The online safety bill has been revisited, again. Despite the new amendments, it's still a problematic piece of legislation, writes Julian Hayes
In the festival of British politics, the online safety bill is a headline act (again). The controversy it has generated has spanned four prime ministers and countless changes in the tech world. This week, a rebel alliance of backbenchers wrung a last-minute concession from the government, meaning social media bosses will be individually liable if platforms repeatedly fall short of their child safety duties. Superficially simple, the idea is unlikely to be a panacea.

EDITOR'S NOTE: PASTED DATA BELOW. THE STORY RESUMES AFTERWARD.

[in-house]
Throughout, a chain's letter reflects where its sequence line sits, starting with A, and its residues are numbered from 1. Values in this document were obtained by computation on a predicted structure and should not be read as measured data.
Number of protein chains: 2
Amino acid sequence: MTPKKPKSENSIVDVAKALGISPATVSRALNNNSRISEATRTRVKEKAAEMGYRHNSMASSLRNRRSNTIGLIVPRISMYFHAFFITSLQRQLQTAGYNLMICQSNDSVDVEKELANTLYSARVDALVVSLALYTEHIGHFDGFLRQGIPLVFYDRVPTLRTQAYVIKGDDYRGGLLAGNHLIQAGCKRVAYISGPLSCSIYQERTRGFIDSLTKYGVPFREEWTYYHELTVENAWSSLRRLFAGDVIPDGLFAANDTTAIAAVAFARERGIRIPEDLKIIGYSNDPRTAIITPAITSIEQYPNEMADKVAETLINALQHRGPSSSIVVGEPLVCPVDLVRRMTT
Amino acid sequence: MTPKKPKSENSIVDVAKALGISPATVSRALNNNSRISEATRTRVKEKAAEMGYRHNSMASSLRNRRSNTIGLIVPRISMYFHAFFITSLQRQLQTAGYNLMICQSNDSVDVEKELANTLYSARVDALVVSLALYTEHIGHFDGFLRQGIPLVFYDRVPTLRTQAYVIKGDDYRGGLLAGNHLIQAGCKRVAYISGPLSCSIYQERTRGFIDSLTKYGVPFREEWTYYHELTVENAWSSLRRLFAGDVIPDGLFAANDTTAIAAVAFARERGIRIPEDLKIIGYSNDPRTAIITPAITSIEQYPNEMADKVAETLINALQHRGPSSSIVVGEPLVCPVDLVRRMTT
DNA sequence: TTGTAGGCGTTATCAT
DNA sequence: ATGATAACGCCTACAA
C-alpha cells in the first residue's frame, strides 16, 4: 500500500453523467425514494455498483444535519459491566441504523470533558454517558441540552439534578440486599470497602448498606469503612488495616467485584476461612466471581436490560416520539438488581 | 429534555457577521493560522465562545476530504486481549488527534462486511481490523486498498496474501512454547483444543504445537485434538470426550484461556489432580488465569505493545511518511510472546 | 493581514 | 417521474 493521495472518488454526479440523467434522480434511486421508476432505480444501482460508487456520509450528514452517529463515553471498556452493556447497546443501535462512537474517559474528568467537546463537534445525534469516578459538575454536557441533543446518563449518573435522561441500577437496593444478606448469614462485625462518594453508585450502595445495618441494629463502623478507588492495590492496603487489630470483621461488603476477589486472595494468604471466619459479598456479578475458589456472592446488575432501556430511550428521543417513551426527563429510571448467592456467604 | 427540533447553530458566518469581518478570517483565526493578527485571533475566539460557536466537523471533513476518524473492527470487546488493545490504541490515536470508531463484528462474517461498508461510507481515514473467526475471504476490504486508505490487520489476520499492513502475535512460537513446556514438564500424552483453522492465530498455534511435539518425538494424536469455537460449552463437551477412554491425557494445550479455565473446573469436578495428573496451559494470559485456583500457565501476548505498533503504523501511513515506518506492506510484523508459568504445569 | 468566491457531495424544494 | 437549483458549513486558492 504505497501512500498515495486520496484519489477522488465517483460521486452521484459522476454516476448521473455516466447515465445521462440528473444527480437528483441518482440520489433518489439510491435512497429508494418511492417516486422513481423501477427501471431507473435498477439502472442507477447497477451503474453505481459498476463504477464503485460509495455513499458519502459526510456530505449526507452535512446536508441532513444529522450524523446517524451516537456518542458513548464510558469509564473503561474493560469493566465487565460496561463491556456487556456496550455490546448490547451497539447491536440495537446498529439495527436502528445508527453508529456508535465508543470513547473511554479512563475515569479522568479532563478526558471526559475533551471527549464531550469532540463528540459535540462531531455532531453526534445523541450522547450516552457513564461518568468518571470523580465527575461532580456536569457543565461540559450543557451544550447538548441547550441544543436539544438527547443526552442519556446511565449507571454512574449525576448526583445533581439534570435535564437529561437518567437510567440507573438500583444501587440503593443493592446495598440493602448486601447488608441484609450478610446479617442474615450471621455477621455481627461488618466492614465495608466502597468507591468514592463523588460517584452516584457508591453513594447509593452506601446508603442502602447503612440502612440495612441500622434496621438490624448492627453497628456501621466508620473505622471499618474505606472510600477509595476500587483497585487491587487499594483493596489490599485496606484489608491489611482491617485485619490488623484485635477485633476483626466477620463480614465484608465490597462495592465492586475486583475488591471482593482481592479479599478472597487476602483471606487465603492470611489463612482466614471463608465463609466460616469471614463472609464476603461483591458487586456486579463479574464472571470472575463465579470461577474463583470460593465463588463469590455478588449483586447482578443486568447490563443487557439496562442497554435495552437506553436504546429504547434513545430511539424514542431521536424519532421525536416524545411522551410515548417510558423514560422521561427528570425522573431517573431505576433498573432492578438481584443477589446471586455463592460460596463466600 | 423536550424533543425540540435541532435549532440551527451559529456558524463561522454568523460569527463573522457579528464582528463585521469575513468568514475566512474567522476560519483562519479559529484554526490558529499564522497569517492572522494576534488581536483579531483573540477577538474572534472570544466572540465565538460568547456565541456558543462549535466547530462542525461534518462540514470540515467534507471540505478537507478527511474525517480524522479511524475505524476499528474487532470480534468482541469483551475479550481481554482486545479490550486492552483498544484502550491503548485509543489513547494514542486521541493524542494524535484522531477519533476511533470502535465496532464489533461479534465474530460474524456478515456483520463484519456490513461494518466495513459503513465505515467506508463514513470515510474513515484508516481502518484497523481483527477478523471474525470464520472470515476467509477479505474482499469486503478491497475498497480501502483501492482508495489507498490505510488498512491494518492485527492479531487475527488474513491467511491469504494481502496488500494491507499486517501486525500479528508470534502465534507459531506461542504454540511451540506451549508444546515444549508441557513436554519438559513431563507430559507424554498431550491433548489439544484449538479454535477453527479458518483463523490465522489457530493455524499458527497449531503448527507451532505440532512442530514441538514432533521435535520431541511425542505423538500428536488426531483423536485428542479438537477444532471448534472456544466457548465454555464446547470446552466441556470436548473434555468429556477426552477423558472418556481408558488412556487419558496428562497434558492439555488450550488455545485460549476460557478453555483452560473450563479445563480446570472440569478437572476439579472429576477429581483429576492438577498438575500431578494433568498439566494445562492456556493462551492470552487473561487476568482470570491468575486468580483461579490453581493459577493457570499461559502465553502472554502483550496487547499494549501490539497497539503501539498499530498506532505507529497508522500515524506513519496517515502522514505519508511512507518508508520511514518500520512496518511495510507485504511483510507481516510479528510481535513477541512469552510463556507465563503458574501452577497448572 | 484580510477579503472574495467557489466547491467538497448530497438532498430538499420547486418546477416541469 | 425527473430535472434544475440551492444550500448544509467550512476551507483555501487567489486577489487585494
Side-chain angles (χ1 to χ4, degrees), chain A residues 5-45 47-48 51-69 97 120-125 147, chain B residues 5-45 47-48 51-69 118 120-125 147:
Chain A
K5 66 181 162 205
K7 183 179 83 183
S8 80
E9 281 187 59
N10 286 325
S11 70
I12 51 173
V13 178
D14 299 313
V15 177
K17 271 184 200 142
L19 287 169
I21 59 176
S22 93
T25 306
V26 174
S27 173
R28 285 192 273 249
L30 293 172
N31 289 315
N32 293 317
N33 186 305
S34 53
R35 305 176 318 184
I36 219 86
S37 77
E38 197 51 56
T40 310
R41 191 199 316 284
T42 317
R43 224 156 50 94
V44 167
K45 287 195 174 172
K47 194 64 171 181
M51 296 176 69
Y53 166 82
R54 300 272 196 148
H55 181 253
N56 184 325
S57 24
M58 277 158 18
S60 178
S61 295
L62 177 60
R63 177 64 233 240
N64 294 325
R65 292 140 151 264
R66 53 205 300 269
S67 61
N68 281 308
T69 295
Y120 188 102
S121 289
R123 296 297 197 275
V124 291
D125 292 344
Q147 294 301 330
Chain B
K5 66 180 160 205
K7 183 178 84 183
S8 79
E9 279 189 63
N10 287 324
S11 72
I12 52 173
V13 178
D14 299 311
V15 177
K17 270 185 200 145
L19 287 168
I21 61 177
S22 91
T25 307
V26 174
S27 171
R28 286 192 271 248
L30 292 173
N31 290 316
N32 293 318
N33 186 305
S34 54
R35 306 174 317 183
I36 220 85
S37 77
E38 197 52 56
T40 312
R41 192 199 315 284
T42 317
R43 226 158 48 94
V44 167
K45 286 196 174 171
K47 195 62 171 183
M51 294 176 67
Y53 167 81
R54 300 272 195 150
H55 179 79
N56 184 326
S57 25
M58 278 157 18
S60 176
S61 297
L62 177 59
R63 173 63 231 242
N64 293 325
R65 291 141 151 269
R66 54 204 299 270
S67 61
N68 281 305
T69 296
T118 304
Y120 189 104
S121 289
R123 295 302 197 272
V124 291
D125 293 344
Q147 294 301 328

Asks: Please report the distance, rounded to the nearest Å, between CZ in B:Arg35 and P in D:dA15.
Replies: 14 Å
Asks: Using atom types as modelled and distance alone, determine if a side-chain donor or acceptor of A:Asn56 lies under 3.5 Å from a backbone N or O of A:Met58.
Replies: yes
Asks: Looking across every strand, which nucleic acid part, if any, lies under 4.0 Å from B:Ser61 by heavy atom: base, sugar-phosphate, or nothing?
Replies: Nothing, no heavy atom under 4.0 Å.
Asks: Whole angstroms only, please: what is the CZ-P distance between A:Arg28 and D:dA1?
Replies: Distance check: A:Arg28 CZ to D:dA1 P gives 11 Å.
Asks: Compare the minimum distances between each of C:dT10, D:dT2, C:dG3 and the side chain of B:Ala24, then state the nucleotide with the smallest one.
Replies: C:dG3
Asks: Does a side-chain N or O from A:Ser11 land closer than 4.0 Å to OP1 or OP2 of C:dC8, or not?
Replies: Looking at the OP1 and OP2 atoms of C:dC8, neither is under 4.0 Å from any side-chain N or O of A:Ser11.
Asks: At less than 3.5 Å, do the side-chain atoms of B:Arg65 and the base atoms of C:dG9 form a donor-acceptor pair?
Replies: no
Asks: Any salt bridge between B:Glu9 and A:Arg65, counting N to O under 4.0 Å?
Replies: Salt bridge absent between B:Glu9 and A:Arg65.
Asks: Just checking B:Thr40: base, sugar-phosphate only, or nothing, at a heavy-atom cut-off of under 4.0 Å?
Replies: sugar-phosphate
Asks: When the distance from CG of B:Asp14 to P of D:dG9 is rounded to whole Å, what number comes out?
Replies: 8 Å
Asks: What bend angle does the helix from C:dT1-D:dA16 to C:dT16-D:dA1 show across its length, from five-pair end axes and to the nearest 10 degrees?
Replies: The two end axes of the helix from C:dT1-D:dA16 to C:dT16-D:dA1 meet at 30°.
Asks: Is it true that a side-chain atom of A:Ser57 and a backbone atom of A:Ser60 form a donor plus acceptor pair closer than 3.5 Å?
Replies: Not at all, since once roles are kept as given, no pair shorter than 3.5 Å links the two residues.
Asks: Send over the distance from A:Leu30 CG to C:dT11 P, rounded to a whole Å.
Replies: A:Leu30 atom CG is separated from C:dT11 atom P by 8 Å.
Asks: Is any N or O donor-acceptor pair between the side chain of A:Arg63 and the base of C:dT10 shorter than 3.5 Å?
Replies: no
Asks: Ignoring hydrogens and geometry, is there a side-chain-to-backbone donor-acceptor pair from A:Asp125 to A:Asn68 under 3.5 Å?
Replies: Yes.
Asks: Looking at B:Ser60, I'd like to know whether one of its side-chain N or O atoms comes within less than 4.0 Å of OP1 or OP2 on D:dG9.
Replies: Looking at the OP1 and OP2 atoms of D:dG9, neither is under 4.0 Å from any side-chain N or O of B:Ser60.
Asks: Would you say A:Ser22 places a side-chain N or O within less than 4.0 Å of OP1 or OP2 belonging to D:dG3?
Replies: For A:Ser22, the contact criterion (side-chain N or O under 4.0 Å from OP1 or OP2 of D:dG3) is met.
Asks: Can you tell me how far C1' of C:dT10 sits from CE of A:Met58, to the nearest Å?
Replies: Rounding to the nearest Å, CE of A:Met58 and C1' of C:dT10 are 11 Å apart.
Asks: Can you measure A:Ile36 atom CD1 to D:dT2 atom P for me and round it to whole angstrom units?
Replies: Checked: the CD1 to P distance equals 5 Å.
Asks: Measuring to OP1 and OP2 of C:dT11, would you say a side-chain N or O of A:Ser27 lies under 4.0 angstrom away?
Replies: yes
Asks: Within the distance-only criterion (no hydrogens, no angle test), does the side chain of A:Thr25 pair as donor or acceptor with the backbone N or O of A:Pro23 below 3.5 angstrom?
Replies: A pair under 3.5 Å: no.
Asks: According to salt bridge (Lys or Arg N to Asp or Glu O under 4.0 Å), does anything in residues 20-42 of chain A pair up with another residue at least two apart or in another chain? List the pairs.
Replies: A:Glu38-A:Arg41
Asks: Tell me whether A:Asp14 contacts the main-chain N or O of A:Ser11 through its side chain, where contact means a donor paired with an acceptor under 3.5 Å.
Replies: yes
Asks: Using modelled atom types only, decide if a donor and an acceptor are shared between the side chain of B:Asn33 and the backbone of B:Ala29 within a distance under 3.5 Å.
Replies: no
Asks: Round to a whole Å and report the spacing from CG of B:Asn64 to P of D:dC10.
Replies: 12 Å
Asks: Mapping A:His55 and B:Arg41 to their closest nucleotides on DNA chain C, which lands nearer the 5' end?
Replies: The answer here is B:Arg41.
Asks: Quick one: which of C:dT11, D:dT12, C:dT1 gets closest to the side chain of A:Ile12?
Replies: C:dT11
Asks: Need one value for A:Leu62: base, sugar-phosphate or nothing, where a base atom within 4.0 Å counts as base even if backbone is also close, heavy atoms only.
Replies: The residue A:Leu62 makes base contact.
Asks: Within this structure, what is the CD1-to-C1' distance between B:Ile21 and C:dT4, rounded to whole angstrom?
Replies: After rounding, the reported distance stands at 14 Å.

Calls for punitive measures against the poster boys of Big Tech are not new. In 2019, the online harms white paper canvassed senior management liability for breaching a duty of care to keep service users safe online. But the bill omitted criminal enforcement powers against individuals except in limited circumstances. Child safety campaigners criticised the omission, arguing the threat of jail time, not financial penalties, would bring social media companies to heel.
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Previously published in City A.M.
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